The current legislation, Law 20.000, was passed and published in February 2005. It substituted Law 19.366, passed in 1995, which punished illicit trafficking of narcotics and psychotropic substances. Law 20.000 introduced the legal notion of "micro-trafficking" (that is, the possession of small quantities of drugs) and subsequently established penalties for its occurrence.
The law does not prohibit the personal consumption of any recreational drug, although it does penalise consumption that occurs in groups. It does not establish a threshold for the permitted quantities, and the distinction between trafficking and consumption is left to the discretion of the judge. Its implementing law, Decree 867, published in 2007 by the Interior Ministry, specifies which drugs, plants and substances are illicit. This decree places cannabis and its derivatives in the category of “hard drugs that produce high levels of toxicity or dependence,” thus mandating maximum penalties for crimes related to this substance. Decree 143, published August 18, 1997 by the Justice Ministry, requires the Civil Registrar to keep a registry of all people sentenced for crimes involving drugs.
Law 20.000, passed in 2005 and reformed in 2007, introduced a legal figure that did not exist in prior legislation, establishing penalties for micro-trafficking that is categorised as possession of small quantities of drugs. The law sets penalties for trafficking (5 - 15 years in prison) along with penalties for trafficking small quantities (541 days - five years) unless the accused can prove that the substance was intended for personal consumption. Another important modification introduced by Law 20.000 is the possibility of police officers working as undercover agents.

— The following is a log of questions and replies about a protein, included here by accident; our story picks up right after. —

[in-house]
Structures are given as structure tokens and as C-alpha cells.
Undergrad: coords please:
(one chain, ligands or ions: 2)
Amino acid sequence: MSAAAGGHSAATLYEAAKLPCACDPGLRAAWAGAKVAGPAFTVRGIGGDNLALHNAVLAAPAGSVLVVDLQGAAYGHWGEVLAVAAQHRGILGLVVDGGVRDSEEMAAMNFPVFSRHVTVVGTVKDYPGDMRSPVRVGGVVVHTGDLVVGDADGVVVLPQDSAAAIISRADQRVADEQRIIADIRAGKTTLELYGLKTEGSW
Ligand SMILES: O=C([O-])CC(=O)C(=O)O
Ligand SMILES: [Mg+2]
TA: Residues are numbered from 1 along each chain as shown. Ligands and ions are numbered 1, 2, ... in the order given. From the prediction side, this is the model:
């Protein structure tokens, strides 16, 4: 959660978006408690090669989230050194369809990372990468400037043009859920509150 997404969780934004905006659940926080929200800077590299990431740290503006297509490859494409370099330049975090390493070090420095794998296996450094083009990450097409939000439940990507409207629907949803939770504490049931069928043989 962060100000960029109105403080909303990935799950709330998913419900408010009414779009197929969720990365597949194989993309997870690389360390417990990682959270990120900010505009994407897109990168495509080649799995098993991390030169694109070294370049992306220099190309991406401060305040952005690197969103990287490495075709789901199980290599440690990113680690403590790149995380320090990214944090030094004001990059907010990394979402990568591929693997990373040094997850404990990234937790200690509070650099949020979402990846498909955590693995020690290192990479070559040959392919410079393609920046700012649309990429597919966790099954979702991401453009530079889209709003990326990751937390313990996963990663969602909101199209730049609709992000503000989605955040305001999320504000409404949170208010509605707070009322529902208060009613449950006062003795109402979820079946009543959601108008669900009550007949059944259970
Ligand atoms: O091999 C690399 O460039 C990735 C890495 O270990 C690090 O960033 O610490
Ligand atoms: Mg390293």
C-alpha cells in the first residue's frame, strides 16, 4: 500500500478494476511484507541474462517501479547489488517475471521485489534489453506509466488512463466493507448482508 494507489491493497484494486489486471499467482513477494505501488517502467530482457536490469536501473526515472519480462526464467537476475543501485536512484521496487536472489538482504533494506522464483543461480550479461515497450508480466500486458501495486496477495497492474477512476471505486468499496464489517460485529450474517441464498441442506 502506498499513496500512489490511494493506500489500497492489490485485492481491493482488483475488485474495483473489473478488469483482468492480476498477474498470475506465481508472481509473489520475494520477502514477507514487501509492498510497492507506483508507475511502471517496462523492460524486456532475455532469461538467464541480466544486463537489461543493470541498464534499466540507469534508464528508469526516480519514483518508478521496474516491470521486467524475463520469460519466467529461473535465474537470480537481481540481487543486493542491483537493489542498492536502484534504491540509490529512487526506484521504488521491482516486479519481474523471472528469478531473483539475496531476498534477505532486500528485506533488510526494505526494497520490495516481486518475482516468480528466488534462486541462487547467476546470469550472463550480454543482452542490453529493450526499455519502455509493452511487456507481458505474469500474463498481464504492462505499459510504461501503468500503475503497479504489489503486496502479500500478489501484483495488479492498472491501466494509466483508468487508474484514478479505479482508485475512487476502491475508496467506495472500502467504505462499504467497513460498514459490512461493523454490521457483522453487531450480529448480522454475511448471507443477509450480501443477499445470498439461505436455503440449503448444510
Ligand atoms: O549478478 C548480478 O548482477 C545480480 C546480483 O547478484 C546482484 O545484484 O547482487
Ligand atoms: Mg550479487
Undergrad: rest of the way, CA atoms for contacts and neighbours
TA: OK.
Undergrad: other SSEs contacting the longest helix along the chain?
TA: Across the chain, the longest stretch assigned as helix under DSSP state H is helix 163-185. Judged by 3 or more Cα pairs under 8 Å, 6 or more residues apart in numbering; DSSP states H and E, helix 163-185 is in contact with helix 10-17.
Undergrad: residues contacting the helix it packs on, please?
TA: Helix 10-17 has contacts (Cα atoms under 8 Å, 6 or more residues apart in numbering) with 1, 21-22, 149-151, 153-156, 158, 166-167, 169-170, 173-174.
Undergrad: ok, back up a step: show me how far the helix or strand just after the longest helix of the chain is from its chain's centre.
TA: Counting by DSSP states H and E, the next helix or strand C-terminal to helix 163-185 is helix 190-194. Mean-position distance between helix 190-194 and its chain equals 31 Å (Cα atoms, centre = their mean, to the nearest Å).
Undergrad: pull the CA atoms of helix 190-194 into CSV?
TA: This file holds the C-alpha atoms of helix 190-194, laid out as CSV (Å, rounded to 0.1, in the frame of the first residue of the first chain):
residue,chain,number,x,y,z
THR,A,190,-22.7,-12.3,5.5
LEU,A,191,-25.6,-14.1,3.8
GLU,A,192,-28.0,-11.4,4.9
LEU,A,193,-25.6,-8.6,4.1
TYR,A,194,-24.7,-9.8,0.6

Article 4 of the law does not prohibit personal, private consumption of any drug: “Individuals who, without due authorisation, possess, transport, hold or carry on their person small quantities of drugs that produce physical or psychological dependency, or the raw materials used to obtain these drugs, will be punished with no less than 541 days and up to five years in prison, unless they can justify that it is for medical treatment or exclusively for personal use or consumption in the short term.” While the law does not specify which recreational substances can be used, it does state that the consumption of any drug will be neither penalised nor fined.
Article 50 outlines to penalties when substances are consumed in public places: “Individuals who consume drugs or narcotic or psychotropic substances referred to in Article 1 in public places or spaces open to the public, such as streets, paths, plazas, theaters, movie theaters, hotels, cafes, restaurants, bars, stadiums, dance or music halls, or in educational or training centers, will be punished with the following penalties.” It mentions “obligatory participation in prevention programs for up to sixty days, or treatment or rehabilitation, in this case up to one hundred eighty days in institutions authorised by the competent Health Service” and/or fines, participation in determined community service, and suspension of driver’s license. “The same penalties will apply to those who consume these drugs in private places or settings, if there was agreement for this purpose.”